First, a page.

Is Salvia Dangerous? Salvia Side Effects, Withdrawal & Addiction Overview
Salvia divinorum is an herb that belongs in the mint family and indigenous to southern Mexico, as well as other parts of South and Central America. Its leaves, stems, or seeds can be purchased in tobacco shops or online and smoked in pipes or bongs and infused into drinks and swallowed. The leaves can be chewed, or the plant-based material can be vaporized and inhaled to produce hallucinogenic effects.
Salvia is considered one of the most potent naturally occurring hallucinogens. It produces effects that may include altered perceptions, distorted reality, visual and auditory hallucinations, a loss of control over body movements, and anxiety and fear from a “bad trip,” Newsweek reports.
The European Monitoring Centre for Drugs and Drug Abuse (EMCDDA) publishes that the active ingredient in salvia is salvinorin A, which has atypical hallucinogenic properties and binds to kappa opioid receptors in the brain, producing a rapid-onset and short-lived high that may begin within minutes of ingesting the drug and last for 30 minutes to a few hours.
Although salvia does not have any approved medical uses in the United States, and it isn’t controlled or regulated federally, the Drug Enforcement Administration (DEA) lists it as a “drug of concern” due to its potential for abuse. As of 2010, the National Drug Intelligence Center (NDIC) reported that 37 states had attempted to regulate the sale and possession of salvia. The drug, however, is still easy to find and order online. Salvia is known by various slang names, including Diviner’s Sage, Magic Mint, Sally-D, and Maria Pastora.
Like other hallucinogenic drugs, salvia is not usually considered to be addictive; however, regular use of this substance is cause for concern. As a recreational drug, salvia has not been extensively studied. The Journal of Emergency Medicine reports that it has neurological, gastrointestinal, and cardiovascular effects. More research is required to fully understand the scope of side effects of salvia abuse.
Abuse of Salvia
Traditionally, and still today, salvia has been used by the Mazatec people of the Mexican state of Oaxaca in religious ceremonies and to treat illness, the National Capital Poison Center reports.
It has made its way into the United States, perhaps as an alternative to other hallucinogenic drugs that are more tightly regulated and controlled by the federal government.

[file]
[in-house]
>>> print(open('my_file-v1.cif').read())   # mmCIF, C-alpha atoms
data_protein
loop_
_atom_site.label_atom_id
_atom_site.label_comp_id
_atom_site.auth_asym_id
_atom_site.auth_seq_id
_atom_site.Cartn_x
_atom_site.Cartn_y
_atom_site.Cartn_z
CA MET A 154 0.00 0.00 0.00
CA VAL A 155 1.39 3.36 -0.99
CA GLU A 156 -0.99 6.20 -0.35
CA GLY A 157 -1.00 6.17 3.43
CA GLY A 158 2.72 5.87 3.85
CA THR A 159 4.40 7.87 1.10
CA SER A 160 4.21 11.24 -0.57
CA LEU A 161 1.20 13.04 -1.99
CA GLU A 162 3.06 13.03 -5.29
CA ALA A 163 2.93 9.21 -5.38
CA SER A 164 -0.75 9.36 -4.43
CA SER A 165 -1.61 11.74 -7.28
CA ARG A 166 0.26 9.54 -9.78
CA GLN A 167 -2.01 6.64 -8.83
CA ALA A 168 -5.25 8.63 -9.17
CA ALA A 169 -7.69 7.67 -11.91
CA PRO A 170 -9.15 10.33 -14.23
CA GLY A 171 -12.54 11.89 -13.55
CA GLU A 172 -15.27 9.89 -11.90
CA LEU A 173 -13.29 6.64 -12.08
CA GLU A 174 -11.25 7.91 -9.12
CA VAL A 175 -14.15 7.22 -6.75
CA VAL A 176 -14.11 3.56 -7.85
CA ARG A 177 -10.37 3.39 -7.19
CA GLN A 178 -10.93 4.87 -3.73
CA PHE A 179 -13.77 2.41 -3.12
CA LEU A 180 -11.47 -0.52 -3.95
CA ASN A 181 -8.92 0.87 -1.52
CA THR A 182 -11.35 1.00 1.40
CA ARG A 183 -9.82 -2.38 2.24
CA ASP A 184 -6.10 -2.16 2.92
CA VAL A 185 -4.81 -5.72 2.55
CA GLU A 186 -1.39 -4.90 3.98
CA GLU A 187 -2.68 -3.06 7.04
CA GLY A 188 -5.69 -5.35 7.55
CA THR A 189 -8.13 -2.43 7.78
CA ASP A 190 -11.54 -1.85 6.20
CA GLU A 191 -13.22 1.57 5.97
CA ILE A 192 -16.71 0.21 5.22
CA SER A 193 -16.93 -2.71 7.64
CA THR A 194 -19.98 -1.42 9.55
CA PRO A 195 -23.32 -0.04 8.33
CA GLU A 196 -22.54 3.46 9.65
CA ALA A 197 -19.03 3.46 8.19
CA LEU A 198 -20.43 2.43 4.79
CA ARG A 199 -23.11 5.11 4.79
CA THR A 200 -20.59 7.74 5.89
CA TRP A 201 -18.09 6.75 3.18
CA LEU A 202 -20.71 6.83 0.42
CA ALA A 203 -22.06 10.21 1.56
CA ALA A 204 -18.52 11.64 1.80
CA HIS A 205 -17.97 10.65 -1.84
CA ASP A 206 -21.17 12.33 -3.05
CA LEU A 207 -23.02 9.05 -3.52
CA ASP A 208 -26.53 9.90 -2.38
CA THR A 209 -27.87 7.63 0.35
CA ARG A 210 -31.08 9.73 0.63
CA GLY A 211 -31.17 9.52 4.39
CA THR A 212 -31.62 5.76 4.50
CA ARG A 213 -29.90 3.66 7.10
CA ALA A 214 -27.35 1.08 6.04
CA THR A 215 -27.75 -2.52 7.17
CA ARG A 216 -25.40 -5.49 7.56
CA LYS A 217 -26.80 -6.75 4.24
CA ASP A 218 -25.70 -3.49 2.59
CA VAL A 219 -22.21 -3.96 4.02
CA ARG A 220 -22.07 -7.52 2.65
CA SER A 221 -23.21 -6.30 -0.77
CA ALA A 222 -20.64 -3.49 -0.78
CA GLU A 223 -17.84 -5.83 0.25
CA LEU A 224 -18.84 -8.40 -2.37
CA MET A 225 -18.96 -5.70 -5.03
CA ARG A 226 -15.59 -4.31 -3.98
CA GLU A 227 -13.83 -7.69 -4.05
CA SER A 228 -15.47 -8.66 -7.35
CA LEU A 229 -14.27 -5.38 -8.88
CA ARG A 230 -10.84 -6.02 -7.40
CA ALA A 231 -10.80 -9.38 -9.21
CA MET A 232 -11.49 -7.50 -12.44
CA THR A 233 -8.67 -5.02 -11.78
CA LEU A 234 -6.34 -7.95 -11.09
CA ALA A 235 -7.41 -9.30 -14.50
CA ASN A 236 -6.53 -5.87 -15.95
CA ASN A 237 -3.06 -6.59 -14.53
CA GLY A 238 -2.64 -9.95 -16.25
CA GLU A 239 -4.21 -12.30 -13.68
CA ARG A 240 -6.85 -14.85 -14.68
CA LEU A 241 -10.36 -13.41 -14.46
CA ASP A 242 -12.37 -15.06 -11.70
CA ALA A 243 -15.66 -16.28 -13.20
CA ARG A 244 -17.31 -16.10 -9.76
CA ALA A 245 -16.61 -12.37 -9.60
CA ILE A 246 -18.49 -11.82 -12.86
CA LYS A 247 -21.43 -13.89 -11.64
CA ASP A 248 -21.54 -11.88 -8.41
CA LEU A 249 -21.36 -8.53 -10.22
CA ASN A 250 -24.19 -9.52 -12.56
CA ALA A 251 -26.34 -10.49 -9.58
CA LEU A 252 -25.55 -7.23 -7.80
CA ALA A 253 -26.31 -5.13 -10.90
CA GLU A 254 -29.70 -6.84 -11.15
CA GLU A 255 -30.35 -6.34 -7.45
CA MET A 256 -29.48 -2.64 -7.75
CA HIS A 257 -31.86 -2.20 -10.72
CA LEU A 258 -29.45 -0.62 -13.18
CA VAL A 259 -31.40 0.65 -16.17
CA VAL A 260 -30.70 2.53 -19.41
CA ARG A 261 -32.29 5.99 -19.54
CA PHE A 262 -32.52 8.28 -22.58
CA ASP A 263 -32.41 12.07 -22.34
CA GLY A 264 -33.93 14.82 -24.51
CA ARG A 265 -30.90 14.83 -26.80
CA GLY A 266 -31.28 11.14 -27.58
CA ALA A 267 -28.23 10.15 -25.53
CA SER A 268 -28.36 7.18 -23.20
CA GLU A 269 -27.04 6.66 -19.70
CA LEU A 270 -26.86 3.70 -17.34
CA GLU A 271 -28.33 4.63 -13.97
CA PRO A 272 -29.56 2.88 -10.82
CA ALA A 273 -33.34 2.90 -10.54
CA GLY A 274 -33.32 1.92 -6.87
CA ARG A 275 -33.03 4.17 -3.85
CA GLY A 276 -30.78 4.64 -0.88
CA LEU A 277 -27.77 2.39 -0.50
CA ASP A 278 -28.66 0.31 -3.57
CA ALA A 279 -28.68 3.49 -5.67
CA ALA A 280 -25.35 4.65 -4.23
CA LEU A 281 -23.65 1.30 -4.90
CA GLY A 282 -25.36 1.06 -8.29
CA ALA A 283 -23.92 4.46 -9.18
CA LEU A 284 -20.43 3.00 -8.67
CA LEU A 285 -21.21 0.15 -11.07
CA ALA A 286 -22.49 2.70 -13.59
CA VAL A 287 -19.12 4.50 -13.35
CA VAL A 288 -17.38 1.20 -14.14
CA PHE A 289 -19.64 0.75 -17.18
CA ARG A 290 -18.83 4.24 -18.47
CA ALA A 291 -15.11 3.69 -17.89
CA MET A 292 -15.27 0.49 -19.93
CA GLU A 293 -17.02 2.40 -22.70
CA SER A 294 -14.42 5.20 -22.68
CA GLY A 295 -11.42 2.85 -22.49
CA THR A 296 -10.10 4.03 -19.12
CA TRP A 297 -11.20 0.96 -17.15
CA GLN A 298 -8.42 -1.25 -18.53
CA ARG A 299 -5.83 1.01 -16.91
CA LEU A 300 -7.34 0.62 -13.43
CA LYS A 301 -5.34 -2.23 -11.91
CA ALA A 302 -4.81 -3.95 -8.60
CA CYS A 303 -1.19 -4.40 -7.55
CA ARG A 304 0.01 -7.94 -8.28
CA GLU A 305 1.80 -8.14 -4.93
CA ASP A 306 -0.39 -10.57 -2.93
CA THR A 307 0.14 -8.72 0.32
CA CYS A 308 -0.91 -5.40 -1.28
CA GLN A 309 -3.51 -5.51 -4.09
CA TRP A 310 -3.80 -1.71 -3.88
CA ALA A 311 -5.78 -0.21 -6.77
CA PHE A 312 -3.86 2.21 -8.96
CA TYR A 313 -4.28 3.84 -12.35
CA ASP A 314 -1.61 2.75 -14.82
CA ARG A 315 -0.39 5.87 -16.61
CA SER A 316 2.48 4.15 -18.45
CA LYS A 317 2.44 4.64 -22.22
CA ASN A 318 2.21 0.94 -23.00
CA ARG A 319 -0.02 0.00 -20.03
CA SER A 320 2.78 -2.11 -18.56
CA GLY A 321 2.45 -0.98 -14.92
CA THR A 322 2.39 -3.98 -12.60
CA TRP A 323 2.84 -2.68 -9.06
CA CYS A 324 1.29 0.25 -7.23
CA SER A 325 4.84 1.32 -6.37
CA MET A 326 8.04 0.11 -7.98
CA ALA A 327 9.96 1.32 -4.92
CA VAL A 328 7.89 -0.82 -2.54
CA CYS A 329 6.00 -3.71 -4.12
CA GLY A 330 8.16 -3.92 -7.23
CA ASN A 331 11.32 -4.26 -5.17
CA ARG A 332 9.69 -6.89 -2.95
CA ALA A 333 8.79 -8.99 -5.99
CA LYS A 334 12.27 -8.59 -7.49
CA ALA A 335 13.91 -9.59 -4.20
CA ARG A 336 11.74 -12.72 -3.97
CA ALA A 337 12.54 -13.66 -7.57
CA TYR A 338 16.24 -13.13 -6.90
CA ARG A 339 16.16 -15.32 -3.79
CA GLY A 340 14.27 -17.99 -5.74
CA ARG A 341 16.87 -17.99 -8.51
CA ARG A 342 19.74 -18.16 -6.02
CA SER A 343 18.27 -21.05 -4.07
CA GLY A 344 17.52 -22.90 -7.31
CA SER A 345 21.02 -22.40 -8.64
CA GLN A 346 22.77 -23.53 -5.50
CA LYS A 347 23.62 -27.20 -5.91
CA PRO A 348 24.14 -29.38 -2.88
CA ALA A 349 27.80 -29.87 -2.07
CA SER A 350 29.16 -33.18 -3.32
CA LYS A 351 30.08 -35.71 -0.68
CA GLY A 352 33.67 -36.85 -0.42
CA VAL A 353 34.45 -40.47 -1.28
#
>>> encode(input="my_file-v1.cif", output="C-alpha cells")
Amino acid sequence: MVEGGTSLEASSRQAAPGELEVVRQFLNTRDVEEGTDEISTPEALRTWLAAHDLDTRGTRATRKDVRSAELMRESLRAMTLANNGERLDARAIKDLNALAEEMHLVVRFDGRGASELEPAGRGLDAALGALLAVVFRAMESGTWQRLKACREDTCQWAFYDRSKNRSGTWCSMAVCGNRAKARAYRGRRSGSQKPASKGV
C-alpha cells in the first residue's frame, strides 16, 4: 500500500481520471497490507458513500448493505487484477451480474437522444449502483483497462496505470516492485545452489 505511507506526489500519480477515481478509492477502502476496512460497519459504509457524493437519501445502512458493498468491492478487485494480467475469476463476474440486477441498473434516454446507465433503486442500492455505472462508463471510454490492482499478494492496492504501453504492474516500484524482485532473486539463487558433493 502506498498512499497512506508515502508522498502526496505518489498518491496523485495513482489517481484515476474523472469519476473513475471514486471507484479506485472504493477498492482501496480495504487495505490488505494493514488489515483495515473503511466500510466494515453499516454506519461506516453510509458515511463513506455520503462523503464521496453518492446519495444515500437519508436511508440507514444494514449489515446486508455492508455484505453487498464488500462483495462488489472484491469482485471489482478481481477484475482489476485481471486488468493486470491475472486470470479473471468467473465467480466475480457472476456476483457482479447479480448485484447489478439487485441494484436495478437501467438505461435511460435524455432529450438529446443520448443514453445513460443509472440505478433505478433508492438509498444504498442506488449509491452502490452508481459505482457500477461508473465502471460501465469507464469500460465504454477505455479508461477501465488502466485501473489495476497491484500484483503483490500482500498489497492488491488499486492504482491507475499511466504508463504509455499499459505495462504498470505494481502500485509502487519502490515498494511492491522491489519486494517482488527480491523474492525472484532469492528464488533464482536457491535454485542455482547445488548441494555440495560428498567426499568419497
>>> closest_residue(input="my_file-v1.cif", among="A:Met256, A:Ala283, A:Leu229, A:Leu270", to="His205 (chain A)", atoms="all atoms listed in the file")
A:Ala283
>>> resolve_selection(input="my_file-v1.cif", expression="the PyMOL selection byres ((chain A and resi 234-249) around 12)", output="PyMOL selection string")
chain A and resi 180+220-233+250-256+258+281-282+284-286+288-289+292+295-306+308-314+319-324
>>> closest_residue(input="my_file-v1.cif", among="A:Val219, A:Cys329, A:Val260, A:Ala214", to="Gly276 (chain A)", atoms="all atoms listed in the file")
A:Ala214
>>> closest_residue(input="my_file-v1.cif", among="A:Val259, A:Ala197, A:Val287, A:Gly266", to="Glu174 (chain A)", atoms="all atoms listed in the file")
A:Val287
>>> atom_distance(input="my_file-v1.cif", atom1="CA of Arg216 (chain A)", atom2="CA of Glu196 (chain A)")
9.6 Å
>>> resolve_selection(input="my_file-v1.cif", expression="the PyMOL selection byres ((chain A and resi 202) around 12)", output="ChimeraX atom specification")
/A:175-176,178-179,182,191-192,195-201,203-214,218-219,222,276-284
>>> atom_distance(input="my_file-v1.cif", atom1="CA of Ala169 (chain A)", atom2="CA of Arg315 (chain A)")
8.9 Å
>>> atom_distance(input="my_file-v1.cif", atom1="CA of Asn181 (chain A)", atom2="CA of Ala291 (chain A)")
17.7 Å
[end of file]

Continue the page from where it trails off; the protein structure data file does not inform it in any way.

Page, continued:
Salvia may be increasingly popular as a recreational drug of abuse among young adults and teenagers. The Monitoring the Future Survey of 2015 published by the National Institute on Drug Abuse (NIDA) reported that almost 2 percent of high school seniors used the drug in the past year.
reports that it may be more commonly abused by young adults than teens, however, as a 2008 National Survey on Drug Use and Health (NSDUH) found that close to 2 million Americans had tried salvia at least once, and young adults between the ages of 18 and 25 were three times more likely to have abused salvia than teens between the ages of 12 and 17. Males were also found to be more prone to abusing salvia than females.
Salvia abuse is heralded across many drug-promoting websites, and it’s easy to find information on its desired effects online. The California Poison Control System reported on an adolescent survey of drug abusers that discovered around a quarter of them used the Internet to research information pertaining to salvia.
Side Effects of Salvia
Salvia is considered a dissociative drug that may create “out-of-body” type experiences, cause people to laugh uncontrollably; see, hear, or feel things that aren’t there, including vivid perceptions of colors or shapes; slur their speech; suffer from short-term memory loss and other cognitive difficulties; have nausea, chills, an irregular heart rate, or dizziness; and experience a possible loss of control over motor functions, potentially putting individuals abusing the drug at risk for an accident or injury.